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Bruce Frohnen on Originalism and Natural Law
Michael Ramsey

At Law & Liberty, Bruce Frohnen (Ohio Northern): Originalism Is Beside the Point.  From the introduction: 

Originalism has gained wide acceptance, at least in the limited sense that most academics and judges feel constrained to signal respect for the original meaning and generalized intentions of the Constitution. Unfortunately, this “acceptance” has done little to slow the pace of judicial law making that undermines our constitutional order. The reason is not hard to find, though it has become so deeply ingrained in the legal profession as to generally escape examination: lawyers share the prejudice that law is the product of judicial will, such that judges have a duty to pursue (or impose) justice by making and re-making rather than finding law. 

Alternative views among lawyers are hard to find. Few judges or academics today are willing to encounter elite derision by defending traditional natural law; few even are willing to risk such derision by defending Lon Fuller’s softer version of natural law, holding that law has an internal morality such that decrees that are self-contradictory, impossible to obey, continually changing, or secretly enacted cannot fairly be deemed “law,” no matter their pedigree. But these understandings lay at the heart of our constitutional order; they were shared almost universally by the founding generation and shaped the drafting and interpretation of the Constitution, as well as its Amendments and legal decisions, for generations—indeed up until quite recently, historically speaking.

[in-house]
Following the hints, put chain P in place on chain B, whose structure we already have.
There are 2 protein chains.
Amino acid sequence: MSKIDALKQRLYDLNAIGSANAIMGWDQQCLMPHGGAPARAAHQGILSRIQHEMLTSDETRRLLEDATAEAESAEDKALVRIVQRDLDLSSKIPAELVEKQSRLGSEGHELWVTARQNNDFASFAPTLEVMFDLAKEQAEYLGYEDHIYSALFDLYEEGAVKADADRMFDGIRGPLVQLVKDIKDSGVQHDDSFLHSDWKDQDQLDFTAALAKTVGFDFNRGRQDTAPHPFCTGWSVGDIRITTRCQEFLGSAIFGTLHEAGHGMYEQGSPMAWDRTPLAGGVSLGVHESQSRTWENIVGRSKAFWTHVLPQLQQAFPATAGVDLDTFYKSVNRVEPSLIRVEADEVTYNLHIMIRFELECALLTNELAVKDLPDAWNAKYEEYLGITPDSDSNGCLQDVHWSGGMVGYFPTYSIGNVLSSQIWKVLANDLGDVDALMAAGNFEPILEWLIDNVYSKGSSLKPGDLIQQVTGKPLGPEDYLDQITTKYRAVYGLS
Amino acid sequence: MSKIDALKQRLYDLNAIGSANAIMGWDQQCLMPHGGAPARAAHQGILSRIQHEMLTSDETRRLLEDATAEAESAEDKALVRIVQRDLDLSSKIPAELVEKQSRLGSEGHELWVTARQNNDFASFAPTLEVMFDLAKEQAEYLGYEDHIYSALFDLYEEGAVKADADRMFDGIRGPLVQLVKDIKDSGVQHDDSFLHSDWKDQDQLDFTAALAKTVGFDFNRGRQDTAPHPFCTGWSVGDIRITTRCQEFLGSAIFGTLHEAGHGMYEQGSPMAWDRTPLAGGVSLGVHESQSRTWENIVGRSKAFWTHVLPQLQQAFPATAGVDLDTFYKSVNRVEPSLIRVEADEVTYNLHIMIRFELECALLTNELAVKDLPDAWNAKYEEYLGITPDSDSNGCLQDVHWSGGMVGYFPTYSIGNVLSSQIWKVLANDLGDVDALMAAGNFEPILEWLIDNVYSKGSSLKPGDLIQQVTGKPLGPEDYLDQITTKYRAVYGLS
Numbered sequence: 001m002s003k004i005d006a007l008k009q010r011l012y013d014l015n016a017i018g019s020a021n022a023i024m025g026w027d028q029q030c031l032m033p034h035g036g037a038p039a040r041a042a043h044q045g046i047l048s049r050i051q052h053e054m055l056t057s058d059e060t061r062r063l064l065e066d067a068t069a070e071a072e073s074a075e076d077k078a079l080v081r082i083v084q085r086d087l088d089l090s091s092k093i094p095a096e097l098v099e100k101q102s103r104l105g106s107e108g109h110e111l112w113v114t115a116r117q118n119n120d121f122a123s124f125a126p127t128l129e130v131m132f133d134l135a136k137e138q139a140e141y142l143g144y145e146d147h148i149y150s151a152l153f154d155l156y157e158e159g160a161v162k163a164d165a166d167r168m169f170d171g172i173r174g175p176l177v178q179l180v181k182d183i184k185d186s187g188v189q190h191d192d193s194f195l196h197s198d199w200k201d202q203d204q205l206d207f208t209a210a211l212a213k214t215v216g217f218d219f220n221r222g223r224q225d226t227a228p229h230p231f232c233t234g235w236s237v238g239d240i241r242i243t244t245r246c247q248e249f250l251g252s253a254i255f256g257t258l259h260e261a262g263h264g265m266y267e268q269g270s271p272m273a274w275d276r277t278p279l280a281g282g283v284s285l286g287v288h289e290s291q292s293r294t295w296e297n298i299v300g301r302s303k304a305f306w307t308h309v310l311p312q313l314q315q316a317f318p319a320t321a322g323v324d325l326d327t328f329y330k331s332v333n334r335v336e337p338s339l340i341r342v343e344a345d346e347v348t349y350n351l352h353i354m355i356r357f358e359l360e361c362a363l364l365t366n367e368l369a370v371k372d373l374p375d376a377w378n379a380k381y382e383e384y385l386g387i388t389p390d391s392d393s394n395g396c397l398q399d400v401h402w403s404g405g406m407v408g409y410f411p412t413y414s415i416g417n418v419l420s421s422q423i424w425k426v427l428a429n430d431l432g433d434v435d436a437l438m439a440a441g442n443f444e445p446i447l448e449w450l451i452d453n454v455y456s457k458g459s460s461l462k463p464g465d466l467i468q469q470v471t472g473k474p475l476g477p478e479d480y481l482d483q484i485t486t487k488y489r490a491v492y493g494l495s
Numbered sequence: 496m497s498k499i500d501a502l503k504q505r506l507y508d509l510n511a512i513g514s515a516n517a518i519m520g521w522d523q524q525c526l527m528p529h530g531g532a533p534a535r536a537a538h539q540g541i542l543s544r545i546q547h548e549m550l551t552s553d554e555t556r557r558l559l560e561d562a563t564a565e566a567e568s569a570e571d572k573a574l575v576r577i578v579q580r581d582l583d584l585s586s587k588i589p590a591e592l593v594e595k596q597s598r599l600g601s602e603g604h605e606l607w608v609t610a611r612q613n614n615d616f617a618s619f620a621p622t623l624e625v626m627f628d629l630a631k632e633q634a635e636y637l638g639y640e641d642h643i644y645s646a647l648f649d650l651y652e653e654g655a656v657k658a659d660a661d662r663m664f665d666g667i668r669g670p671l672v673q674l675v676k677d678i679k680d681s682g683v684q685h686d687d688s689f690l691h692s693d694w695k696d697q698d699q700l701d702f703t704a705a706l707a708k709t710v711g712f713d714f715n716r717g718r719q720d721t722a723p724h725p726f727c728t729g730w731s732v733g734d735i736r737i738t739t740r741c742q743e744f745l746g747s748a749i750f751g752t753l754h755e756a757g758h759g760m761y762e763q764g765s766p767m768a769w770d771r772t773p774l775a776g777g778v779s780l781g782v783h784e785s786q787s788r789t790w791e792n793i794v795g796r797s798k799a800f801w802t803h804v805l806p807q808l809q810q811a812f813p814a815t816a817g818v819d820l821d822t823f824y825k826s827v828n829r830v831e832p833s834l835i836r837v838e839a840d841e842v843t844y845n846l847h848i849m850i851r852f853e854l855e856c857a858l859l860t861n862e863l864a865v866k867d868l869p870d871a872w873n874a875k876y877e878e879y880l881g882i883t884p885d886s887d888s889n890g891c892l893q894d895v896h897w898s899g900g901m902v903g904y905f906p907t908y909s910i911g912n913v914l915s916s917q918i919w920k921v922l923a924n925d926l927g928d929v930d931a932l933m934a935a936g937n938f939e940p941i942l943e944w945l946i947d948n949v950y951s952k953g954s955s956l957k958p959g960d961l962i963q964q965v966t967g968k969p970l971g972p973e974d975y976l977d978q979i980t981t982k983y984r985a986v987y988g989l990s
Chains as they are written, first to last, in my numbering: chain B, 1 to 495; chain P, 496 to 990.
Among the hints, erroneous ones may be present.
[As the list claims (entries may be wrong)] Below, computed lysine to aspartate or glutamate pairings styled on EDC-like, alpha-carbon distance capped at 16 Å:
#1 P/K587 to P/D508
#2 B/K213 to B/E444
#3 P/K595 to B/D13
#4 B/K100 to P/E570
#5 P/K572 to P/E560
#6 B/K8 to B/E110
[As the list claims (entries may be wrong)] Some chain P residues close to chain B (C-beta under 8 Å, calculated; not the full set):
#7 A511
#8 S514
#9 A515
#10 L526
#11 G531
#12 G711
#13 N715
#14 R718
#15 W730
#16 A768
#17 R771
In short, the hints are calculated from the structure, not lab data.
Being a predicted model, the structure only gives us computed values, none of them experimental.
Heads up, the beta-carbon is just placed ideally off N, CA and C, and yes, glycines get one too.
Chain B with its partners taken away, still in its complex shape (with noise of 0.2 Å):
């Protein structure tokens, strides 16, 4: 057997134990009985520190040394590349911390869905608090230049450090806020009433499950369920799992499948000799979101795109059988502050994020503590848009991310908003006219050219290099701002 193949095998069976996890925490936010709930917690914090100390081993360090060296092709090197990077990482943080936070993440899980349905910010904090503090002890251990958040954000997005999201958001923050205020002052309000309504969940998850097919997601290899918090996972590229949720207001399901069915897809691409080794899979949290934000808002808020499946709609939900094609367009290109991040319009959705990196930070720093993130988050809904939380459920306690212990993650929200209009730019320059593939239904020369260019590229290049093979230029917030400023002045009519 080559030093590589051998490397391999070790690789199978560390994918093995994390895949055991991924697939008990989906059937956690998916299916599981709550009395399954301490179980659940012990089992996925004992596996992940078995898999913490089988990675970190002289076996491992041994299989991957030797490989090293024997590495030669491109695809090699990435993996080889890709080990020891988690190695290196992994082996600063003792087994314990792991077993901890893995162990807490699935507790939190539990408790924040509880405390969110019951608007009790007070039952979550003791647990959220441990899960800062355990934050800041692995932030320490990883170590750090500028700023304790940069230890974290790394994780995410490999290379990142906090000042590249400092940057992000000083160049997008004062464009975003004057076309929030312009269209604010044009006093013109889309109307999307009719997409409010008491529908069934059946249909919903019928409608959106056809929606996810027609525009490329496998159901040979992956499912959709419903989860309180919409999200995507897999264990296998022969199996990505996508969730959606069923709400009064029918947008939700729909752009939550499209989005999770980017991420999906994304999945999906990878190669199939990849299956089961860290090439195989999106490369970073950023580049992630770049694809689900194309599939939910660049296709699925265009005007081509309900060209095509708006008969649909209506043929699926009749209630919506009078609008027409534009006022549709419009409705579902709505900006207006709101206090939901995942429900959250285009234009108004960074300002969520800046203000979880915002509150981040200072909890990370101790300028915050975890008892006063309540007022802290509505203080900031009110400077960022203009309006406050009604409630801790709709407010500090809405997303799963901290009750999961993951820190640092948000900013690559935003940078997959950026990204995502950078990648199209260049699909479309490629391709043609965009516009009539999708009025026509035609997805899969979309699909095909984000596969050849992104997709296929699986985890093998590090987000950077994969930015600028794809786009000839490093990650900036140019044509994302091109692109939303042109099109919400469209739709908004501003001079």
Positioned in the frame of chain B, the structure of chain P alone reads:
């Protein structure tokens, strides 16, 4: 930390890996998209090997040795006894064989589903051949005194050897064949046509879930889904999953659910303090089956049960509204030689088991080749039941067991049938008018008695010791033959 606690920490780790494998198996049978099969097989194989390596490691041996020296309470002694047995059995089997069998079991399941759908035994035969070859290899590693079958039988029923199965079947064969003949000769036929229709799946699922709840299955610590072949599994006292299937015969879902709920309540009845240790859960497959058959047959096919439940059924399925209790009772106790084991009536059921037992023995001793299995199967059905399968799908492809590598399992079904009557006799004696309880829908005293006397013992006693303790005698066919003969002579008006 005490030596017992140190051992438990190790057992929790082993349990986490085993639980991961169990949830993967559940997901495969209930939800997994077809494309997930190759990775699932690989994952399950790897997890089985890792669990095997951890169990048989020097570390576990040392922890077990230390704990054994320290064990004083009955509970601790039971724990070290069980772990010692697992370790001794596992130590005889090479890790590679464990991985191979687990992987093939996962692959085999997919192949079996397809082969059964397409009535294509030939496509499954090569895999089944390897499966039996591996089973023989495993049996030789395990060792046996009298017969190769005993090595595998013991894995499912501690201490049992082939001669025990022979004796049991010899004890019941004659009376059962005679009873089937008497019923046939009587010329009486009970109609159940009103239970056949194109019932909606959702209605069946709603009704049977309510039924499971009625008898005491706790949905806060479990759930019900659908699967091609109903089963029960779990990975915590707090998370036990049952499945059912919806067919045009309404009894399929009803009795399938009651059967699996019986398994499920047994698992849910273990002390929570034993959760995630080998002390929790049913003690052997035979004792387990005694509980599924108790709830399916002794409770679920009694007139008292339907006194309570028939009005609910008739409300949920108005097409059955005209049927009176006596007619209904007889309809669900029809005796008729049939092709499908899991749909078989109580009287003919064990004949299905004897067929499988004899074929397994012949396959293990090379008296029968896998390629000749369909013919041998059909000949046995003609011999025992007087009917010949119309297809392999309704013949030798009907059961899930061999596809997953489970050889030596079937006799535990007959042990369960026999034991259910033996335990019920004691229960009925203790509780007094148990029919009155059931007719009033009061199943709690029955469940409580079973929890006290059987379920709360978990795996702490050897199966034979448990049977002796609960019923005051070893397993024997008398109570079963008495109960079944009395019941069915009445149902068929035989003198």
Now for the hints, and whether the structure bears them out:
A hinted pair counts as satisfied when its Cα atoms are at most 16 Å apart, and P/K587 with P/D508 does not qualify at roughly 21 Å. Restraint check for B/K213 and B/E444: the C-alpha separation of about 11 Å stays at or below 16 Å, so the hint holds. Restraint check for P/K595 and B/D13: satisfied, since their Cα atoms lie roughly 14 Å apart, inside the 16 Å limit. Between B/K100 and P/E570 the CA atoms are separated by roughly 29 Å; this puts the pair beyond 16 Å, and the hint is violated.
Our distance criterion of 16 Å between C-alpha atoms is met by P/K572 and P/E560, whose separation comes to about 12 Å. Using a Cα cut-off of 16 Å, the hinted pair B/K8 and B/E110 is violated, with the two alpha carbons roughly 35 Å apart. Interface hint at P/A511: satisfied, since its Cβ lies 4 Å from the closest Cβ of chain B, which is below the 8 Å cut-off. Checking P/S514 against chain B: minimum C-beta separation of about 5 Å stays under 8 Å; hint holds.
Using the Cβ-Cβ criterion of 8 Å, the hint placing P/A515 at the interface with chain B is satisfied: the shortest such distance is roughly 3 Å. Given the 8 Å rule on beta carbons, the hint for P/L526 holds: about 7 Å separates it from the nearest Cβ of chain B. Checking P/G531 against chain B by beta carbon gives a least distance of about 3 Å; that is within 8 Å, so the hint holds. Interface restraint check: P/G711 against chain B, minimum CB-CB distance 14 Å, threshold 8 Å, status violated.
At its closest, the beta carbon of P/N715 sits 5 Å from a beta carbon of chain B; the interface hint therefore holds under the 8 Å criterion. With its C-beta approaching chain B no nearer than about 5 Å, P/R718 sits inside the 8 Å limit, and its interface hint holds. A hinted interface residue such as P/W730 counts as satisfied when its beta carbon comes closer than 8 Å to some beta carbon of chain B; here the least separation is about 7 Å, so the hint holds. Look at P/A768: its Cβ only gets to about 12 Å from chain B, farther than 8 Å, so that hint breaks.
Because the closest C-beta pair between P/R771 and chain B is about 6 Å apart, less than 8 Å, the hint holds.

Not coincidentally, natural law remains an object of derision and/or manipulation. For some lawyers today natural law is simply a sham—nonsense used to cover policy preferences, best ignored by interpreters even though it was constantly invoked during most of our history. For others, natural law is a code of conduct dictating specific, logically derived laws and policy provisions. For still others, natural law equals natural rights, which, despite the vast wealth of evidence to the contrary, dictates radical individualism as a relentless goal of constitutional government. 

Philip Hamburger gets us much closer to the truth when he points out that, during the founding era, “natural law typically was assumed to be the reasoning on the basis of which individuals adopted constitutions and a means by which the people could measure the adequacy of their constitutions.” As used by the people in public discourse this characterization seems indisputable. But we must look further, or deeper, for the grounds of proper constitutional interpretation.

The deep structure of constitutionalism in the United States lies in the traditions of common law and chartered rights brought over from England. It also lies in what I would call the natural law mind. This natural law mind embodies an understanding of our nature and natural goals that not so long ago was almost universally accepted in the United States and remains deeply powerful outside the halls of academe and of politicized justice. 

I get nervous when originalists talk about natural law (even though the framers believed in natural law), because I suspect it means they are going somewhere other than where the text's original meaning indicates.  But I confess I do not understand this post's title, so likely I don't understand other aspects of it as well.